Now will I question Cassio of Bianca,
A huswife that by selling her desires/ Buys herself bread and clothes.
“It is a creature/
That dotes on Cassio (as ’tis the strumpet’s plague/ To beguile many and be beguil’d by one) (4.1.93-97).”
Earlier, Iago has used more subtle abuse against the queen. He says to Othello;
“O, ’tis the spite of hell, the fiend’s arch-mock,
To lip a wanton in a secure couch, And to suppose her chaste (4.1.70-72)!”
This situation is further aggravated by the Othello slap and insult of Desdemona in 4.1.240. In the same scene Casio joins Iago to record his contempt and disapproval of women especially Bianca;
Alas, poor caitiff (4.1.108).

And “Alas, poor rogue, I think, i’ faith, she loves me (4.1.111).”

In the second scene of act, this abusive language becomes more harsh and it seems that royal fabrications of mannerism and etiquettes has been replaced by original social patterns of the contemporary world. Now the real men of society display their real nature and that is manifested by the language they use for women. For example, Othello condemn Desdemona in this way;

“This is a subtile whore
A closet lock and key of villainous secrets (4.2.21-22).”
“Was this fair paper [i.e., Desdemona], this most goodly book
Made to write ‘whore’ upon? What committed?
Committed? O thou public commoner,
I should make very forges of my cheeks (4.2.71-74).”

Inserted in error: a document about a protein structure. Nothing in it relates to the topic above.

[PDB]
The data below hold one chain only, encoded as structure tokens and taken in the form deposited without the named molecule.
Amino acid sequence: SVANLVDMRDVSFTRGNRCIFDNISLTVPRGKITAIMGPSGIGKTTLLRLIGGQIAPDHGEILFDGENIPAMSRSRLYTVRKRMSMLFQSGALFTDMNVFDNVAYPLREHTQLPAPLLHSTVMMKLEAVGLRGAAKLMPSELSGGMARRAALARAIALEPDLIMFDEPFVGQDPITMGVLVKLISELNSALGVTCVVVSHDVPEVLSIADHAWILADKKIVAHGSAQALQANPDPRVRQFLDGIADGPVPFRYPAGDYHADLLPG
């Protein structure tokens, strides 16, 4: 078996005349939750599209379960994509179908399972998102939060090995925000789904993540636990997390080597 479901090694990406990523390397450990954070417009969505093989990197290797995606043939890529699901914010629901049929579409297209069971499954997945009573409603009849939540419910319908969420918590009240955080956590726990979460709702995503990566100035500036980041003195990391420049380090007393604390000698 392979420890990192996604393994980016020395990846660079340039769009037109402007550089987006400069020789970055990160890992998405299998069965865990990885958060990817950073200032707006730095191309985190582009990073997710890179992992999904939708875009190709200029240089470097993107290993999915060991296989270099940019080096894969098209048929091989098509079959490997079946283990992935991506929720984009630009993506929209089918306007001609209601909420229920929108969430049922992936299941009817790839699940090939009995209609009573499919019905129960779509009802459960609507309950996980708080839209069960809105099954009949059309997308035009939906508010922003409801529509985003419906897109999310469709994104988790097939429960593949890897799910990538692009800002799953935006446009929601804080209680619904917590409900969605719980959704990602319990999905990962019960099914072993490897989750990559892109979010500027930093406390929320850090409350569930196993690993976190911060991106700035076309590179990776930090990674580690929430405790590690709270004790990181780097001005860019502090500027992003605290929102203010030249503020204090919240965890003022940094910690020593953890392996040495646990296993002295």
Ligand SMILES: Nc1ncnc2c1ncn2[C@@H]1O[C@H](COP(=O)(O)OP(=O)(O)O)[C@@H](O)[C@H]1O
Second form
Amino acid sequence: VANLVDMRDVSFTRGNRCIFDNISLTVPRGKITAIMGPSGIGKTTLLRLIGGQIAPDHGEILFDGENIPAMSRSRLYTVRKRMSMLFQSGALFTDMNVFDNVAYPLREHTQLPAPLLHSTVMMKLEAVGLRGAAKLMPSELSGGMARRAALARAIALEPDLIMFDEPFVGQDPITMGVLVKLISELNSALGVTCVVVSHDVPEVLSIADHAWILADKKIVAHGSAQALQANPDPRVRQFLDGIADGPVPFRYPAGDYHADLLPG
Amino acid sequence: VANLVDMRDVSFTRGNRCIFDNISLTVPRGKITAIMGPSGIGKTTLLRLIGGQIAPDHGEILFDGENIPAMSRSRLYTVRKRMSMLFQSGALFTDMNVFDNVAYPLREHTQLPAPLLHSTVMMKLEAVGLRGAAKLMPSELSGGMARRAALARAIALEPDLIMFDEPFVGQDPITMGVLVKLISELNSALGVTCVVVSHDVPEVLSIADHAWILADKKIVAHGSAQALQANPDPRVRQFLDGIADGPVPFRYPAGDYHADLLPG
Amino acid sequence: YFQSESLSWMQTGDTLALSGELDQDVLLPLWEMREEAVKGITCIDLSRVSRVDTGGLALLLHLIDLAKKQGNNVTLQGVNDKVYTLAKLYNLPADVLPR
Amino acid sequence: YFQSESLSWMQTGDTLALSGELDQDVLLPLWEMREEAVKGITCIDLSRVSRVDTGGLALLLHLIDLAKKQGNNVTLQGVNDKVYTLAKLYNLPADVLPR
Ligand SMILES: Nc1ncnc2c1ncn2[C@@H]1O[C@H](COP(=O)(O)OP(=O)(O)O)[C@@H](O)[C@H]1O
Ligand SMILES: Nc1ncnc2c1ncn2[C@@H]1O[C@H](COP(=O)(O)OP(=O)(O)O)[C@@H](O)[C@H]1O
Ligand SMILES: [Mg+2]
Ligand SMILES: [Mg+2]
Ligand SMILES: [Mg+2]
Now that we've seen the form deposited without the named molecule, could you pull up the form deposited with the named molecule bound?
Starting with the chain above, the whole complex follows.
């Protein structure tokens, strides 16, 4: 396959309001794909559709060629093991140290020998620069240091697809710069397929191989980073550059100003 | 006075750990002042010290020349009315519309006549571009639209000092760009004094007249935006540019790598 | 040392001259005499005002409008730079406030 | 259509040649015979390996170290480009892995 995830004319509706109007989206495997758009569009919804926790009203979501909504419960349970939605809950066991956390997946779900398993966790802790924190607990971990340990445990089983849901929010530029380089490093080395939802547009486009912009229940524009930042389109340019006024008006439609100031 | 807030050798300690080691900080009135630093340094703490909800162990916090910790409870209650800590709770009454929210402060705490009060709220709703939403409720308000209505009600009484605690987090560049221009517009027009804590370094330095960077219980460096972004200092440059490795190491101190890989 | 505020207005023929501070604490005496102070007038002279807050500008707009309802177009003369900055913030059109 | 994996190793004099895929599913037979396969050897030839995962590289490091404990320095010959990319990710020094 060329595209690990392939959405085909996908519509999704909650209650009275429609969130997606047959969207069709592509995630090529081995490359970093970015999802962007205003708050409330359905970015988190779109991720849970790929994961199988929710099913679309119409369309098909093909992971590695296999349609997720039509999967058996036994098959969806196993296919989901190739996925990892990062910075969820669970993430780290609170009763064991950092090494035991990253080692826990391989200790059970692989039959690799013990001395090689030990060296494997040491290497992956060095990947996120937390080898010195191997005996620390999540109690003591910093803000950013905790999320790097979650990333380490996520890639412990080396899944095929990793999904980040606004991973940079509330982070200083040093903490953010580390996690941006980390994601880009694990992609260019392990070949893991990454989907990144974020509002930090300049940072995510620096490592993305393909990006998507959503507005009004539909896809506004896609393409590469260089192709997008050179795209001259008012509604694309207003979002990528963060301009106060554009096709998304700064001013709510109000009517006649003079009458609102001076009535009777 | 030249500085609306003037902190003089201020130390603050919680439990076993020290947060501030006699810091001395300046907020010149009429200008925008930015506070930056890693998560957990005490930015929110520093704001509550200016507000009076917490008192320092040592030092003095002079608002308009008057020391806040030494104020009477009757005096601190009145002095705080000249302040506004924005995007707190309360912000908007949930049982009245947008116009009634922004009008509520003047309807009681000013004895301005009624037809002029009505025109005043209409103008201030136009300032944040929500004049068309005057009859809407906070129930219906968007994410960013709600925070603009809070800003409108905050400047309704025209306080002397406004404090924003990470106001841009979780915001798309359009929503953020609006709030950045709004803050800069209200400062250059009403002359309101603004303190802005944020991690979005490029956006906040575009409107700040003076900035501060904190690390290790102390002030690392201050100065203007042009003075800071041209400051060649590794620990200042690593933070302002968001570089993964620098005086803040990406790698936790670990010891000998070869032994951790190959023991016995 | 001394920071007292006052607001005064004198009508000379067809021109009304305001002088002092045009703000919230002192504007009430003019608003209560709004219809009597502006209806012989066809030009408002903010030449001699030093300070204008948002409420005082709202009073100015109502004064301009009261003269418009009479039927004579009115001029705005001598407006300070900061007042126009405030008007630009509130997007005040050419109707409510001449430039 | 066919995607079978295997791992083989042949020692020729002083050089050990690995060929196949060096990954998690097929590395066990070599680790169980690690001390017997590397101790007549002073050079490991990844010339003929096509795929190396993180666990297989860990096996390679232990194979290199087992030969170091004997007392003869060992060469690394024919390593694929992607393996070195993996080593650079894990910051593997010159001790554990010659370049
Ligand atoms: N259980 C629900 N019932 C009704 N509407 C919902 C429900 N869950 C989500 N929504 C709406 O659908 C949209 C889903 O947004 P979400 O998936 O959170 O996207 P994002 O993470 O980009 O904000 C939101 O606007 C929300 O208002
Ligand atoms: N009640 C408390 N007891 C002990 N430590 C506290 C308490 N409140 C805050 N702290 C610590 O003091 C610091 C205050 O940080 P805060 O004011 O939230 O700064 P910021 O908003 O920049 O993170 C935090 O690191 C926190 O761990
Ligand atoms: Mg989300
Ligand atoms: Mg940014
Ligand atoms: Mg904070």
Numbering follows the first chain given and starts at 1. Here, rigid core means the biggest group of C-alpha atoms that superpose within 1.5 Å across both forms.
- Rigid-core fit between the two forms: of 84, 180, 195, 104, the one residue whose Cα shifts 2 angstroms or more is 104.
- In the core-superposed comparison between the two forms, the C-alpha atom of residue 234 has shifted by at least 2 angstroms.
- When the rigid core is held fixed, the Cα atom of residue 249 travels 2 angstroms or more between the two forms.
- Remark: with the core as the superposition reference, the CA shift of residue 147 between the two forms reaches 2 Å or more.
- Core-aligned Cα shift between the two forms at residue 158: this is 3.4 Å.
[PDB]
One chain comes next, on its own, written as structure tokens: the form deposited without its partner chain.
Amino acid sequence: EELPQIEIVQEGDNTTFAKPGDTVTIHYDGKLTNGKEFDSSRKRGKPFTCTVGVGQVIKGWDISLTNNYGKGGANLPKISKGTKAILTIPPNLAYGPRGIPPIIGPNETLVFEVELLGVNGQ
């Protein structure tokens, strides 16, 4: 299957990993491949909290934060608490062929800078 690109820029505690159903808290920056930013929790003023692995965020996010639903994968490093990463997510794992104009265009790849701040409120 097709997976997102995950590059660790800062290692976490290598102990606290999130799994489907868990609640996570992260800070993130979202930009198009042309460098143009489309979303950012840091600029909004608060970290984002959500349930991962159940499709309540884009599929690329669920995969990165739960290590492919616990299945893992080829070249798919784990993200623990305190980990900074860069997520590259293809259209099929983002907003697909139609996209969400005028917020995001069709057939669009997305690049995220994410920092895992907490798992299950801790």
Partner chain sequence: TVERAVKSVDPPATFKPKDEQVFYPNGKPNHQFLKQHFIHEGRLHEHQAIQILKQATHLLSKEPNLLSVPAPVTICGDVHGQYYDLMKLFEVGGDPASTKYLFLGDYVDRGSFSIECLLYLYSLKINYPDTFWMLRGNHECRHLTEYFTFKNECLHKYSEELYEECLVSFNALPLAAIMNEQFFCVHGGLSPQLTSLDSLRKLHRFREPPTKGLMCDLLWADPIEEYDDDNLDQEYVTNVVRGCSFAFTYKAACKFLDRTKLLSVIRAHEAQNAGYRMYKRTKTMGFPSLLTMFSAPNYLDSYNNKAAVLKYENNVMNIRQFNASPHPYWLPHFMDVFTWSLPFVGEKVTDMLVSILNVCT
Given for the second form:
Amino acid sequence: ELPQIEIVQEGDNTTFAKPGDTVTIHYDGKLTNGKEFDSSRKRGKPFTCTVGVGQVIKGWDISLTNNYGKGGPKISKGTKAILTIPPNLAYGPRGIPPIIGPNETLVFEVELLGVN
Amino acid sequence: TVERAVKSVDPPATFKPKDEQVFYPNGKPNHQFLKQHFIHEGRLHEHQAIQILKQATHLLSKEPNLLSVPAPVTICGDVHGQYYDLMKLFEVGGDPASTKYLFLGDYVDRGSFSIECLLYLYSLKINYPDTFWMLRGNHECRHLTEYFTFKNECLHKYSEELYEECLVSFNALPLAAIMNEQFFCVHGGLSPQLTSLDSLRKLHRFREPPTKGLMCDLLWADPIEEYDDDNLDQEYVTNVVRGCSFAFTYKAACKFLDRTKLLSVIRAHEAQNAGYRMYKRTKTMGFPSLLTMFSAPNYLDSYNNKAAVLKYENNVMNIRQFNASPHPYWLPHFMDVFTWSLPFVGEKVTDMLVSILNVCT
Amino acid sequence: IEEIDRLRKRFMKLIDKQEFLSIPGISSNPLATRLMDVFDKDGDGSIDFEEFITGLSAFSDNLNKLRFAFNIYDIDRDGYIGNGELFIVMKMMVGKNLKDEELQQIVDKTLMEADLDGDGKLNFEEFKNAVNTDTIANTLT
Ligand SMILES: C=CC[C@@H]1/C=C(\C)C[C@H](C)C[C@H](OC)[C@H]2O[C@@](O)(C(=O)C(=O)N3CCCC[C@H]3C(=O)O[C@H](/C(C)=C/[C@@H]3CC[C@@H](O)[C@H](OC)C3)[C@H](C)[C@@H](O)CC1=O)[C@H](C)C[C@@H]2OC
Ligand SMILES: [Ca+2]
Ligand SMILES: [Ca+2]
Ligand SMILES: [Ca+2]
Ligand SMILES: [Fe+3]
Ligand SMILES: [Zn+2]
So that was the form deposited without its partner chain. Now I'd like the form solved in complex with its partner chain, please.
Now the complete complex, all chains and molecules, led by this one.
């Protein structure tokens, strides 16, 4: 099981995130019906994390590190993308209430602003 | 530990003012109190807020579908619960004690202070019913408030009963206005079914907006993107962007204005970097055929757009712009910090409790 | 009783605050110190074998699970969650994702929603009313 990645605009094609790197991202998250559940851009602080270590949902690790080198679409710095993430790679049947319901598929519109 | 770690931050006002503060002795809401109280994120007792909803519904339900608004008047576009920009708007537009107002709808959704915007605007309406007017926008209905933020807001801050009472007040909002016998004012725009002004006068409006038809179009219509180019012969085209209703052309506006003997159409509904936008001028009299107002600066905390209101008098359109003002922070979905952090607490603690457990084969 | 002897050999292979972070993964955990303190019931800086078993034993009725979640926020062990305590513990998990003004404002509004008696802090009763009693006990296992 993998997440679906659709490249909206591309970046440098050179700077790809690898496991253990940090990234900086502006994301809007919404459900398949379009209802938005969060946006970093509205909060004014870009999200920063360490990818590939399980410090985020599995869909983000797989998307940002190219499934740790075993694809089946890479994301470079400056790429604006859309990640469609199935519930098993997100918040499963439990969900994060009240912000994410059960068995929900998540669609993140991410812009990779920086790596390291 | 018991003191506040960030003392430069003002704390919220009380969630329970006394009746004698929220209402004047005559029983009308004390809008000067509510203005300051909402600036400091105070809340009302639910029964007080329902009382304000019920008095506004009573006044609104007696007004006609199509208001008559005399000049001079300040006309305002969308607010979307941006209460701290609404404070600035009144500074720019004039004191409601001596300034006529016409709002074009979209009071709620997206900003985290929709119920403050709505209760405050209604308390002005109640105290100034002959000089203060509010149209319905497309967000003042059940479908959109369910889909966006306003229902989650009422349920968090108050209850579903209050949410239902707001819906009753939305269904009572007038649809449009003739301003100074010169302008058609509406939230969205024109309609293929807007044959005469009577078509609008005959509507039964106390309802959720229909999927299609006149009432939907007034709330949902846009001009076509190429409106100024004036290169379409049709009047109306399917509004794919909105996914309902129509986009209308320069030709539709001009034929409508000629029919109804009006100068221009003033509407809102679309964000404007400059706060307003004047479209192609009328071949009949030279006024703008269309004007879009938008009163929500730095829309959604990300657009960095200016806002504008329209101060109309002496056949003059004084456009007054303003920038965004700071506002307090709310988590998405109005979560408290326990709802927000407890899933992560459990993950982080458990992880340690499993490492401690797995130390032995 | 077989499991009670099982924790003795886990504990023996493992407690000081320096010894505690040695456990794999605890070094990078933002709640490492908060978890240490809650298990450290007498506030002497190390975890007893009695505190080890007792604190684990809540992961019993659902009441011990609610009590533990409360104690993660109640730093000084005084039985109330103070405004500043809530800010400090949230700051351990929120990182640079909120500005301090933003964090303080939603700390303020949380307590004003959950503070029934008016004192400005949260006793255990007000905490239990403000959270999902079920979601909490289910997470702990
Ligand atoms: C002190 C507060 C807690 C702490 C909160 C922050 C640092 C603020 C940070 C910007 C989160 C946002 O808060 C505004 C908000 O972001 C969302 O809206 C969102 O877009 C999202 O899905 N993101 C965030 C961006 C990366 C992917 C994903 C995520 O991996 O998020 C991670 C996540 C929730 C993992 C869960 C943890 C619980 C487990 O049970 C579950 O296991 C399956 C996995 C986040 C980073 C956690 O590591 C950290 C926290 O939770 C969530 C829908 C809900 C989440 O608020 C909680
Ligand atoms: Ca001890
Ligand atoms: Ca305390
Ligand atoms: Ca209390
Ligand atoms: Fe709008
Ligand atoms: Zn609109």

This utterance is not only a reaction of the resentment that Iago has planted in the mind of Othello but it has deep roots too. The overall social pattern has contributed toward a psychological being that becomes skeptic of a woman’s fidelity without any reason. The are certain social generalization about the nature of women that contribute toward men’s contempt for women and augments the gender discrimination. For example when Othello demands any ocular proof of Desdemona’s infidelity, Iago replies;

“It is impossible you should see this,
Were they as prime as goats, as hot as monkeys… (3.3.402-403).”

Emilia’s stout defense of Desdemona proves futile because Othello decides to regard her as Desdemona’s bawd. However, Emilia has other functions in the play. Another important point raised by M.R.Ridley is that although Shakespeare has created weak female in the play to emphasize the gender inequality and their minor status in the contemporary world, Emilia symbolize a reaction to that gender discrimination in the last scenes of the play. He says that “ in all the plays there is nothing more characteristic of Shakespeare than the way in which Desdemona’s death kindles in her (Emilia) a bright flame of self-forgetful courage; it is not just that she faces the threats of both Othello and her husband(Iago), but rather that she neglects them, brushes them aside as irrelevant trivialities.”

A.C. Bradley remarks about this transformation;” Till close to the end she frequently sets one’s teeth on edge; and at the end one is ready to worship her” (p. 205). The only character to perform a complete transformation of character over the course of Othello’s action, Emilia progresses rapidly from her early role as coarse and subservient foil) to Iago (as depicted earlier) into a resolute and effective defender of Desdemona’s virtue.

Bloom, Harold, ed. William Shakespeare”s Othello. New York: Chelsea House, 1987.
Bradley, A.C. Shakespearean tragedy : lectures on Hamlet, Othello, King Lear, Macbeth. London: Macmillan.1971
Ridley, M.R. Othello. Cambridge : Harvard University Press. 1958.